"The Australian energy market is actually held up as the most efficient in the OECD world.
"It is estimated that over $17bn of capital is required for powerhouse generation assets - that is, refinancing, capital expenditure and new build over the next five years."
Straddling black fella and white fella law
Bess Nungarrayi Price, an activist against violence and chairwoman of the Northern Territory’s Indigenous Affairs Advisory Council, gave a moving talk at CIS this week about the problems faced by Central Australian Indigenous communities.
Price described a typical week in her life. How every day, a member of her family was either the victim of violence or the perpetrator of crime. How a young relative committed suicide because the boy she liked was from the wrong skin group and she was forbidden to see him. How another young woman was gang raped but no one in the community did anything about it. The perpetrators were from the right skin group, and the young woman could not report the crime to police for fear of retribution.
Women in traditional aboriginal culture are subordinate to men and Price herself has had her life threatened for speaking out about these injustices.
Too many people romanticise Aboriginal culture. The ‘Disneyland’ idea of culture is holding Aboriginal people back. It fosters the belief that Aboriginal people do not need to adapt, to learn English, and become educated. While there is much about traditional Aboriginal culture that is worth continuing and maintaining, Price feels that Aboriginal law needs to be adapted to fit with ‘white fella’ laws.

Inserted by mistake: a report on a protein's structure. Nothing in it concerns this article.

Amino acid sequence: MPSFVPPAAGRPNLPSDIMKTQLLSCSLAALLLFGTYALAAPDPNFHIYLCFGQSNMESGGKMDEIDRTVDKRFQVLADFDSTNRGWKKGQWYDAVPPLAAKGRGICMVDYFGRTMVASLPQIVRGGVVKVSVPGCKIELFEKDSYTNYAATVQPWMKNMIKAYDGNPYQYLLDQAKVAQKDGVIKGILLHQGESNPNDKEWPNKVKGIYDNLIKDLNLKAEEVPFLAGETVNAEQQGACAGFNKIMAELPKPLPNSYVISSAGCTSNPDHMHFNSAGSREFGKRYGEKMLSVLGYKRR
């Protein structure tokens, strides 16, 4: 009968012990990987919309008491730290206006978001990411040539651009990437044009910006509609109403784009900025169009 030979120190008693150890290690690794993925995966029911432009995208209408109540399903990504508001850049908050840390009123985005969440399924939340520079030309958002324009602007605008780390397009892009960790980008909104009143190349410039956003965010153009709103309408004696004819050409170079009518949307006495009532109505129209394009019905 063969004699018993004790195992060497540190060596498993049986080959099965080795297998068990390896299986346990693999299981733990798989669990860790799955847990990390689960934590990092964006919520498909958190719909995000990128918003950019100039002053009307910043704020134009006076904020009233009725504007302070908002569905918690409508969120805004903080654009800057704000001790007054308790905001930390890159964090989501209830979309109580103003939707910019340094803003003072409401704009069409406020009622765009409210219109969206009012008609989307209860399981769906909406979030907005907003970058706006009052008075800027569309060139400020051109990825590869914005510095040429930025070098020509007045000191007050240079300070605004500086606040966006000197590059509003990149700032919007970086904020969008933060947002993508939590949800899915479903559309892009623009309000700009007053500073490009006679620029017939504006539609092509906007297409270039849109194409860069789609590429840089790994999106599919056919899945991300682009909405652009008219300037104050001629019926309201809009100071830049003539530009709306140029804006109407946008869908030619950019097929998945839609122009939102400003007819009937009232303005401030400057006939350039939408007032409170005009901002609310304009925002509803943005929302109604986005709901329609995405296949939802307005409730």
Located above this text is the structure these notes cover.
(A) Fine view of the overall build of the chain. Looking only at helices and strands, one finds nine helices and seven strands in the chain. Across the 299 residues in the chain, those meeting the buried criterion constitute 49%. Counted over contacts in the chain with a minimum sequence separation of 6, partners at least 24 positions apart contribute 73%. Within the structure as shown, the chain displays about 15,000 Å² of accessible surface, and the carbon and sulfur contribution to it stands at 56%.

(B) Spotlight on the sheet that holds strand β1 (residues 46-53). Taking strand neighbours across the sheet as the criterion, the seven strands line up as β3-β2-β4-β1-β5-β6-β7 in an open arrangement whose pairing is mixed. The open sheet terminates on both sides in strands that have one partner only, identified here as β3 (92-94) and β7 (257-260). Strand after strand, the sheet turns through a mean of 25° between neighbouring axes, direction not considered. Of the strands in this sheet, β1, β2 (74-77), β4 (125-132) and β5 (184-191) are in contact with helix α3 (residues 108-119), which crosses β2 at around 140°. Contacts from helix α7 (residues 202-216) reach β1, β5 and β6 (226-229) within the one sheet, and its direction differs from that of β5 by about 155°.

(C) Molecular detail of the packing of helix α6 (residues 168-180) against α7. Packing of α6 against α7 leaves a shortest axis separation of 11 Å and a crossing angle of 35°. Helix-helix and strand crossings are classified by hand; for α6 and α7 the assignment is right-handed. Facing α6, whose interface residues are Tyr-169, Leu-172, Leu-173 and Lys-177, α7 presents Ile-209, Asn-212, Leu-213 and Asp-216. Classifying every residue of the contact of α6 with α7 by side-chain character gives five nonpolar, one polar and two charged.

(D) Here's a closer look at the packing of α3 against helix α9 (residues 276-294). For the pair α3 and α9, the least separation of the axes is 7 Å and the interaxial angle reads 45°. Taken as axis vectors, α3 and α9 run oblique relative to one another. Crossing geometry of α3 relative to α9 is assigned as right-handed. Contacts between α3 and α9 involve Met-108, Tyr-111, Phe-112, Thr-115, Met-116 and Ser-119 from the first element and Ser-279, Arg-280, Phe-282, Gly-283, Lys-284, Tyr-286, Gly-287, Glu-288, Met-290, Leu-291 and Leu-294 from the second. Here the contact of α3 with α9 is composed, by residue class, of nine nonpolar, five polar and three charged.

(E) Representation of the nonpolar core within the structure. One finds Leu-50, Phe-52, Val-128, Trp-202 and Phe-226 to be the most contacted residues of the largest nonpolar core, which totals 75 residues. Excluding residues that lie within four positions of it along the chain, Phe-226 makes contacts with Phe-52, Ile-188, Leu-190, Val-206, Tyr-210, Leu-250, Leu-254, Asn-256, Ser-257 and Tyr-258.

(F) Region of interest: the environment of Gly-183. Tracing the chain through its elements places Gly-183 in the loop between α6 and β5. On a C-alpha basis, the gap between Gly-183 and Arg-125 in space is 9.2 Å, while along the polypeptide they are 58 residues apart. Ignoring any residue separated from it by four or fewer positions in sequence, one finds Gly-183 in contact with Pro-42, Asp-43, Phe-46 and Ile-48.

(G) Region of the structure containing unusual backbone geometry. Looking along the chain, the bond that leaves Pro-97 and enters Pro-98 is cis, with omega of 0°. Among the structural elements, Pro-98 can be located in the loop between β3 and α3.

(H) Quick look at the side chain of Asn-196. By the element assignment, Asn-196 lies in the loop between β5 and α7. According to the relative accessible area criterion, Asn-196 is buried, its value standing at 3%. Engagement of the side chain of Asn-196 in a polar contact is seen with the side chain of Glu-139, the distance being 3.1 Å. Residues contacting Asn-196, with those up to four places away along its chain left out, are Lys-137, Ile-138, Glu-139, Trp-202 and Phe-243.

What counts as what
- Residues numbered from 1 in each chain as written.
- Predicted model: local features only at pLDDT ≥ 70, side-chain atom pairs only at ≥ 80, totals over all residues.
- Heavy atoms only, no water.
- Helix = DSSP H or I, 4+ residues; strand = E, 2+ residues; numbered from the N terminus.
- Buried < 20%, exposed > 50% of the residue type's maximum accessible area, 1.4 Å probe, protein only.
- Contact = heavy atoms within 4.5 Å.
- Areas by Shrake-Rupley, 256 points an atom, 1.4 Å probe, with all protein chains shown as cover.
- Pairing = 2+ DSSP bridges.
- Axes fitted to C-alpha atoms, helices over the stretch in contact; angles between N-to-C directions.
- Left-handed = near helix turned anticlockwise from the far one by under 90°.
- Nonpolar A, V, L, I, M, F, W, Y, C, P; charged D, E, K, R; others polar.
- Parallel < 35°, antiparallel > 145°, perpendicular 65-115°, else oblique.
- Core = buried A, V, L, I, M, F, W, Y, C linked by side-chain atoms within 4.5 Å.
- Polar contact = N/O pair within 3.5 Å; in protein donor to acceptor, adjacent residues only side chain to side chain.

When Aboriginal people follow their own law, they break ‘white fella’ law; when they follow ‘white fella’ law, they break their own laws. Price explained how only Aboriginal people have the power to change their laws, but they need white people to help them by really talking about these issues with them.
Lawyers are using traditional culture as an excuse to get their clients off charges or to receive more lenient sentences. Recognition of traditional culture was introduced to counteract institutional racism in the criminal justice system. But it is rewarding the perpetrators of crime, not the victims.
Most of the crimes committed by Aboriginal people are intra-racial – and it is Aboriginal women who bear the brunt of men’s violence. Human rights groups protest against honour killings in other countries but turn a blind eye to the injustices taking place in their own backyard for fear of being labelled a racist.
Price’s plea was that we need to stop being afraid to speak up and to stop using culture as an excuse for crimes.
The above is a press release from the Centre for Independent Studies, dated 25 March. Enquiries to firstname.lastname@example.org. Snail mail: PO Box 92, St Leonards, NSW, Australia 1590.